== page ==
Gov’t Mule at Stylus, Leeds, UK – 29th May 2019

Posted by Bianca on Wednesday May 29, 2019 Under Blues, Southern Rock

Review + Photos by John Hayhurst

Gov’t Mule pack a 3hr setlist with some Classic Blues Jams and whilst they’re ‘Live in Leeds’ a long ride on The Who’s ‘Magic Bus’.

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“Found something interesting about this band tonight”, the Security supervisor is telling the two guys who are guarding the front pit, “They used to be called the Allman Brothers and they wrote the Top Gear music”. Biting my lip and not shouting “What a crock of shit” back at him, I explain (after he had gone) to the two junior ShowSec staff that actually he was sadly mistaken. Such is the travesty that a band as mighty as Gov’t Mule are reduced to these 2 second soundbites, when their legacy is so much more than a single rickety bridge to the Allmans.

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For those that are not aware, Warren Haynes (singer/guitarist) founding member of Gov’t Mule served part of his blues apprenticeship in the Dickey Betts band with drummer Matt Abts. Betts was a founding member of The Allman Brothers, with the brothers Duane and Greg Allman. Duane passed away in 1971, Greg much later in 2017. During that in-between period the band broke up more than once and lost a few members along the way – Betts brought Haynes into a reformed Allmans in 1989 along with Allen Woody on bass guitar. Haynes and Woody then formed Gov’t Mule in 1994 with Abts on drums. Sadly, Allen Woody died in August 2000 leaving the only remaining connection to the Allmans as Warren Haynes, who certainly didn’t write (Betts wrote it) or even record that bloody Top Gear music or, ‘Jessica’ as it should really be called. Here endeth the history lesson for both you and the 2 ShowSec guards, and they looked about as excited as you would expect them to.

Gov’t Mule have carved themselves a prominent place in American rock and roll history books by confidently producing some of the best blues jamming performances this side of The Grateful Dead. By merging rock, blues, jazz, and funk, the power trio of Haynes, Woody and Abts created a string of great albums, beginning with 1995’s Gov’t Mule, followed by Dose [1998], and Life Before Insanity [2000].

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However, the live performance is where it’s at, and whilst they don’t come over here too often, every show is different because of the ever changing setlists. Fans of these jam bands travel from all over to witness key songs live and collect bootleg shows and tickets – sometimes for entire tours. It’s not a clever marketing trick to get a core of fans to travel along with you, just brilliant musicians doing what they were made to do. Fans travel and make great lifelong friends along the way with shared interests and views over which track/show/album/performance was the best they have seen. This has been going on with this specific genre for years – since the late 60’s, and some of the audience here look like they were there at the start too, a lot of beards, thinning grey hair and tie dye print shirts.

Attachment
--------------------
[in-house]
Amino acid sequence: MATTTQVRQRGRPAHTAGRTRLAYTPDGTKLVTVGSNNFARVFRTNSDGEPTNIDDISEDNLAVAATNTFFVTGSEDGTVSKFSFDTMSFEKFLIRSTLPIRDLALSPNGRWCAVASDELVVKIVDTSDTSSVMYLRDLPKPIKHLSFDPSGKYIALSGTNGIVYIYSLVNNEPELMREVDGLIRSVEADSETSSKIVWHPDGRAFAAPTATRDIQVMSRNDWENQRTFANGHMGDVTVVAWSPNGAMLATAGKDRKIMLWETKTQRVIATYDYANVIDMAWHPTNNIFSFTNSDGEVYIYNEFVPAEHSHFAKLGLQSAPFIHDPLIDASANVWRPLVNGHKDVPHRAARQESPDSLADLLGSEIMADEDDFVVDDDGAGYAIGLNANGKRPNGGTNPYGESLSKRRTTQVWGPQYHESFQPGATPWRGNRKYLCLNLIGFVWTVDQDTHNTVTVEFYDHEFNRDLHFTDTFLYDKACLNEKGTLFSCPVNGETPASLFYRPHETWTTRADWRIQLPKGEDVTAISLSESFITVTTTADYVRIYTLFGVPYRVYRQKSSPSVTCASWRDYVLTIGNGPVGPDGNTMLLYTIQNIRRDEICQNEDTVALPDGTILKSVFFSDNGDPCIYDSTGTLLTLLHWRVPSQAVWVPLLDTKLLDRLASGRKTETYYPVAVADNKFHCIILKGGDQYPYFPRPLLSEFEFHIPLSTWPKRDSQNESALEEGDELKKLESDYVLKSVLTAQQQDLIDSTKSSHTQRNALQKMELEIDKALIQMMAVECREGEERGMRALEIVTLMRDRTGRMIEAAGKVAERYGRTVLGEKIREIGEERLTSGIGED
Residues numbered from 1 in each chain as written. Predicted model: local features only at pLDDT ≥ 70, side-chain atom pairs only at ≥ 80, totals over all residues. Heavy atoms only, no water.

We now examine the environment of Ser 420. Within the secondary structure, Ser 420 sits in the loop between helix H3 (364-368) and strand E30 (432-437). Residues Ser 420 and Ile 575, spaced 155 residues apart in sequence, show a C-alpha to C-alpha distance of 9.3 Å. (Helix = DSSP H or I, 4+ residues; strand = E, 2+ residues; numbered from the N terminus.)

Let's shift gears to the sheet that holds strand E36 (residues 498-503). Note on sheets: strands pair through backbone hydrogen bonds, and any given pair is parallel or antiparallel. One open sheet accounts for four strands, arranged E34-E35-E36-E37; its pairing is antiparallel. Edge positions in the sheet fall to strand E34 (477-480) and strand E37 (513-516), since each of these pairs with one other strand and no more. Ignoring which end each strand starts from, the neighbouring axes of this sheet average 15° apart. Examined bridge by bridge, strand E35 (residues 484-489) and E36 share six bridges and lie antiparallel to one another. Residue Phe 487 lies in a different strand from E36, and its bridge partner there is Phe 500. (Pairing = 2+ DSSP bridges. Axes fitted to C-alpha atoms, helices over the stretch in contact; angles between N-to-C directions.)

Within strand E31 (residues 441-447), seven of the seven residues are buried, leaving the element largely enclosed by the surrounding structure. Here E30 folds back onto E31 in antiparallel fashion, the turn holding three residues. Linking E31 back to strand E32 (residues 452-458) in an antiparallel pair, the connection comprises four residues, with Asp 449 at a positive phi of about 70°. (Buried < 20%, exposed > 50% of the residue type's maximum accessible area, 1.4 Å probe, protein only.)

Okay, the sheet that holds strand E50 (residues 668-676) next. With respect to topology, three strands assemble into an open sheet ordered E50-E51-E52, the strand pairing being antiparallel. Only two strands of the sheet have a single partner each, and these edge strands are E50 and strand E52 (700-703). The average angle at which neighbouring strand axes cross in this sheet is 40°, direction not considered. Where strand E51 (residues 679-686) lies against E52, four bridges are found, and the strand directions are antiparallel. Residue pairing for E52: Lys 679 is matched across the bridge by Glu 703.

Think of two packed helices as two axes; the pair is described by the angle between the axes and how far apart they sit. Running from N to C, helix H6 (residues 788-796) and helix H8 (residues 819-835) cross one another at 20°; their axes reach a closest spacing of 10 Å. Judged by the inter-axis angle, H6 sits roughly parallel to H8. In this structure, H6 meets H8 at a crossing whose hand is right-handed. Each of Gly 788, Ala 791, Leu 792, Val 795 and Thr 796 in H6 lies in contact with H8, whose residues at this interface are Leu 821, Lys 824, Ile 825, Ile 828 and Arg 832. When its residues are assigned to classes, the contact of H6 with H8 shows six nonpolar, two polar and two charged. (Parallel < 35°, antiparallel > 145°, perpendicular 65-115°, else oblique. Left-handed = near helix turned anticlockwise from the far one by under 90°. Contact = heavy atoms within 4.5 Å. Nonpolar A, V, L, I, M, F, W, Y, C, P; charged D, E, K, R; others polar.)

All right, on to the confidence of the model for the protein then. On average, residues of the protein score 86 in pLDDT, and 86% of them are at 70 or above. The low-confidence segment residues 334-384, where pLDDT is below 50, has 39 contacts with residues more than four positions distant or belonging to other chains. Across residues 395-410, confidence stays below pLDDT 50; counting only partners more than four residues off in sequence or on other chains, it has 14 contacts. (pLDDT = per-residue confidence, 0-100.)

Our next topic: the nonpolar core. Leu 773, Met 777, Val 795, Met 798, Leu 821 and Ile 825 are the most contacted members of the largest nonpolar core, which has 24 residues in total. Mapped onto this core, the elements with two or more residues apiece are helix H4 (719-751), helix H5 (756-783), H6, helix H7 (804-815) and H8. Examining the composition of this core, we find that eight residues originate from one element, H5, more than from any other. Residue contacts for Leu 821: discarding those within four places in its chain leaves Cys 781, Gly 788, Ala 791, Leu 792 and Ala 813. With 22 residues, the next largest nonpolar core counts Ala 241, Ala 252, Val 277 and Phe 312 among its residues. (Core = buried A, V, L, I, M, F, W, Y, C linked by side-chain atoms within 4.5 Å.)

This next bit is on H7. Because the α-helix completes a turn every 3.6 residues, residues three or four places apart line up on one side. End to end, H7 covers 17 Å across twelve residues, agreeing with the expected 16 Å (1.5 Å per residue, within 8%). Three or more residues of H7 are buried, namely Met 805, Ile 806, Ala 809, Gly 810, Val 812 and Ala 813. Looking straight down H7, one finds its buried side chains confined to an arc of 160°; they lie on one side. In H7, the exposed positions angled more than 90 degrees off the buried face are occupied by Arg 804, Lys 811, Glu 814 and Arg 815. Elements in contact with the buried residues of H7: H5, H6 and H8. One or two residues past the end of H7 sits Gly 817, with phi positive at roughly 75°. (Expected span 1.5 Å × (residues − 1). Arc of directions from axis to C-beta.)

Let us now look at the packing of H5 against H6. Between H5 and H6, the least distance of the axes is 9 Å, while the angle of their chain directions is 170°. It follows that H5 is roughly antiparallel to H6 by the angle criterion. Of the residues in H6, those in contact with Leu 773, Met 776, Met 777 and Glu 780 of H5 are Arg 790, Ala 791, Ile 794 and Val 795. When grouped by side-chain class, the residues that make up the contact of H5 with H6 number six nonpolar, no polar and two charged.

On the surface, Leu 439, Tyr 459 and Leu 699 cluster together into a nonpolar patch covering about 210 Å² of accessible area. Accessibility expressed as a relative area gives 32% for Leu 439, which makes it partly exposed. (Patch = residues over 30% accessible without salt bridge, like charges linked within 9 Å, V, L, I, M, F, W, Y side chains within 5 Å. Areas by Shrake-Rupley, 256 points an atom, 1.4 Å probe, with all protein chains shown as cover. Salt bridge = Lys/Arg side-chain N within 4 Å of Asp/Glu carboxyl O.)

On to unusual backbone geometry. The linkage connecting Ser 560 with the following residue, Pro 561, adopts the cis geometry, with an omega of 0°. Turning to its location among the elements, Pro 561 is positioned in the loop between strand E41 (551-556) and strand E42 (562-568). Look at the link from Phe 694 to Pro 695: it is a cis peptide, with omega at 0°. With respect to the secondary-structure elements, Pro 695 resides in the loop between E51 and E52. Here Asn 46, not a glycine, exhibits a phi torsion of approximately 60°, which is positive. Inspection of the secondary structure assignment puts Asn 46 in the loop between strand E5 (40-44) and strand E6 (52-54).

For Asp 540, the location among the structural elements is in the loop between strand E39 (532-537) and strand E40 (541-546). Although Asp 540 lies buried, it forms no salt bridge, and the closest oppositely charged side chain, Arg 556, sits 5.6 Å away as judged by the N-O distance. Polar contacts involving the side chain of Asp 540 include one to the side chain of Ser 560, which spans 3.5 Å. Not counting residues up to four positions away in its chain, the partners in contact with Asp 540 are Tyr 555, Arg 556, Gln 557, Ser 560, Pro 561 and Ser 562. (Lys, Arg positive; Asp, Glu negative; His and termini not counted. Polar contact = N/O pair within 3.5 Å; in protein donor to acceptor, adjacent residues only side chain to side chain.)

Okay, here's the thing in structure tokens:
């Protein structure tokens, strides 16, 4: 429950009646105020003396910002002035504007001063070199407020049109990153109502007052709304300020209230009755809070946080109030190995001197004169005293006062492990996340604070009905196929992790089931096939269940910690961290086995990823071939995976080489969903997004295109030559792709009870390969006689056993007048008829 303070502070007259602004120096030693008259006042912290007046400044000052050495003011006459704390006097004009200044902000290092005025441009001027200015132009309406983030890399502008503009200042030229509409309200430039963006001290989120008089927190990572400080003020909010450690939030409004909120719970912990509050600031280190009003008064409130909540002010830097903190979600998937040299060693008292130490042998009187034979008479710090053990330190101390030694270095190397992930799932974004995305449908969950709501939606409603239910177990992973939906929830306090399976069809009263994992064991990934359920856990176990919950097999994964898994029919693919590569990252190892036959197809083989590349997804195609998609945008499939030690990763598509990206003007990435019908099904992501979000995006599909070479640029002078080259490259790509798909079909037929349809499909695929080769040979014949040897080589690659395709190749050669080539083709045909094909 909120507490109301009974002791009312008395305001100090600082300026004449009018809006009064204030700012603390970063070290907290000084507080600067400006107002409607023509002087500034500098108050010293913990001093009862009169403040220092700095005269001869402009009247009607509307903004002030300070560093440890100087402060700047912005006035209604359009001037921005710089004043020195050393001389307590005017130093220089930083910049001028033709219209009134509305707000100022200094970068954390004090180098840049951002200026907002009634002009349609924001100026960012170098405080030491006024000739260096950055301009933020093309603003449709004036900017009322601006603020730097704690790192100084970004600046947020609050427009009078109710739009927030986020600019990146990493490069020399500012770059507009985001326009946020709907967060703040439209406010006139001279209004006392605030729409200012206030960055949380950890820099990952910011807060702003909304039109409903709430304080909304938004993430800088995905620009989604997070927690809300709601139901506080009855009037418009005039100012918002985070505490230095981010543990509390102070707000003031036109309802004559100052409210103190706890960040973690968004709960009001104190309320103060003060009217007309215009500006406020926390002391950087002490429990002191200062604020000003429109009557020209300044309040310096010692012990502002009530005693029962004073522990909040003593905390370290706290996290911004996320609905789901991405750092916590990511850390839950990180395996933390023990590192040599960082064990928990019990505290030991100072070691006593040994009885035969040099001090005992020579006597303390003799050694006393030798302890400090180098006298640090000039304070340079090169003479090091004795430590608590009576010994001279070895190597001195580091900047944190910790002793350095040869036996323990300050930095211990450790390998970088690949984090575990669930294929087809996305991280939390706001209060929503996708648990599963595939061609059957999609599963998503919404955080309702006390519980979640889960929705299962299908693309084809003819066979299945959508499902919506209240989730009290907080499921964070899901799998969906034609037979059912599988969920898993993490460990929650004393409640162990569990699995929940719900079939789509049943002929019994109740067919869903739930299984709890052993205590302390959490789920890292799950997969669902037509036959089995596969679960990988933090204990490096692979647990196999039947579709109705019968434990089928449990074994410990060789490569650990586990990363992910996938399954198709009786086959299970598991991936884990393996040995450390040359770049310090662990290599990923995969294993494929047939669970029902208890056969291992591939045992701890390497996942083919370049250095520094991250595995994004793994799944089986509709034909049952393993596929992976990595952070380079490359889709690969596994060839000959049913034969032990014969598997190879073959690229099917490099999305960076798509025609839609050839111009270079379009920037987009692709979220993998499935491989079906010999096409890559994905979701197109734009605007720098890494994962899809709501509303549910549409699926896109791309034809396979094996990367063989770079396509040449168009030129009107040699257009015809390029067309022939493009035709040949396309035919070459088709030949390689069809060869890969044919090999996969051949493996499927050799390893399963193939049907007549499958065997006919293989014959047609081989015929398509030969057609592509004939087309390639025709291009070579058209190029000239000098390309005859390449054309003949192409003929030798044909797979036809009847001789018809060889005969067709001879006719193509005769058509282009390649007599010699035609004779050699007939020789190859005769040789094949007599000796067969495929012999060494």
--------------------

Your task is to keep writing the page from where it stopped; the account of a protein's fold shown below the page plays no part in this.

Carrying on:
We are at the seat of learning which is Leeds University and tonight this incarnation of ‘Mule’ is about to give a masterclass in the art of blues rock jamming, not seen since Rich Robinson of The Black Crowes played Leeds a few years ago. In fact, it has been a few years since Mule played this area, you would have to go back to Holmfirth Picturedrome in May 2016, or have taken a trip to Ramblin Man Fair, Manchester or London to have seen them in the last 5 years. It is a little surprising then that it isn’t sold out tonight, but they are still relatively undiscovered by the masses, even with such a pedigree in the Southern American Blues anthology.

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Warren Haynes tunes his Gibson and with a quick strum he’s off with a “Hello Leeds” and that’s about all he’s going to say for the next hour and a half (other than singing). ‘Bad little Doggie’ and ‘Blind Man in the Dark’ are kicked out and extended in succession. Whilst he’s not much of a talker, what Haynes will do is constantly melt faces with some wizardly solos and riffs, avidly backed by Abts spiderlike moves on drums, and steadfast bassist Jorgen Carlsson. Danny Louis on keys is behind some serious kit to the right of the stage and peers over it to add backing vocals, the trombone comes out and anything else he can find to add some feels to the mood. Louis is an important part of that space blues funk jazz sound and his Hammond keys are perfect for blues jams, never extending too far up their own rectums, together they produce some blistering music, which just feels incredibly natural.

Playing 2 sets each night they are able to turn to more of the ‘Dark side of the Mule’ in the second show and add a few covers. In particular tonight as they are ‘Live at Leeds’ we’ll have a Who classic, and so ‘Magic Bus’ rings out. Haynes and co extending this to great effect and before you know it, a near 3-hour extravaganza comes to a close.

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It may be years before they re-appear on our soil again and any fan of classic blues should grab the chance when they can, a handful of dates are left for this year with Manchester likely to be a highlight at the weekend. Go kickstart your Blues experience with some Mule.

LISTENING: Revolution Come… Revolution Go – album released June 2017.

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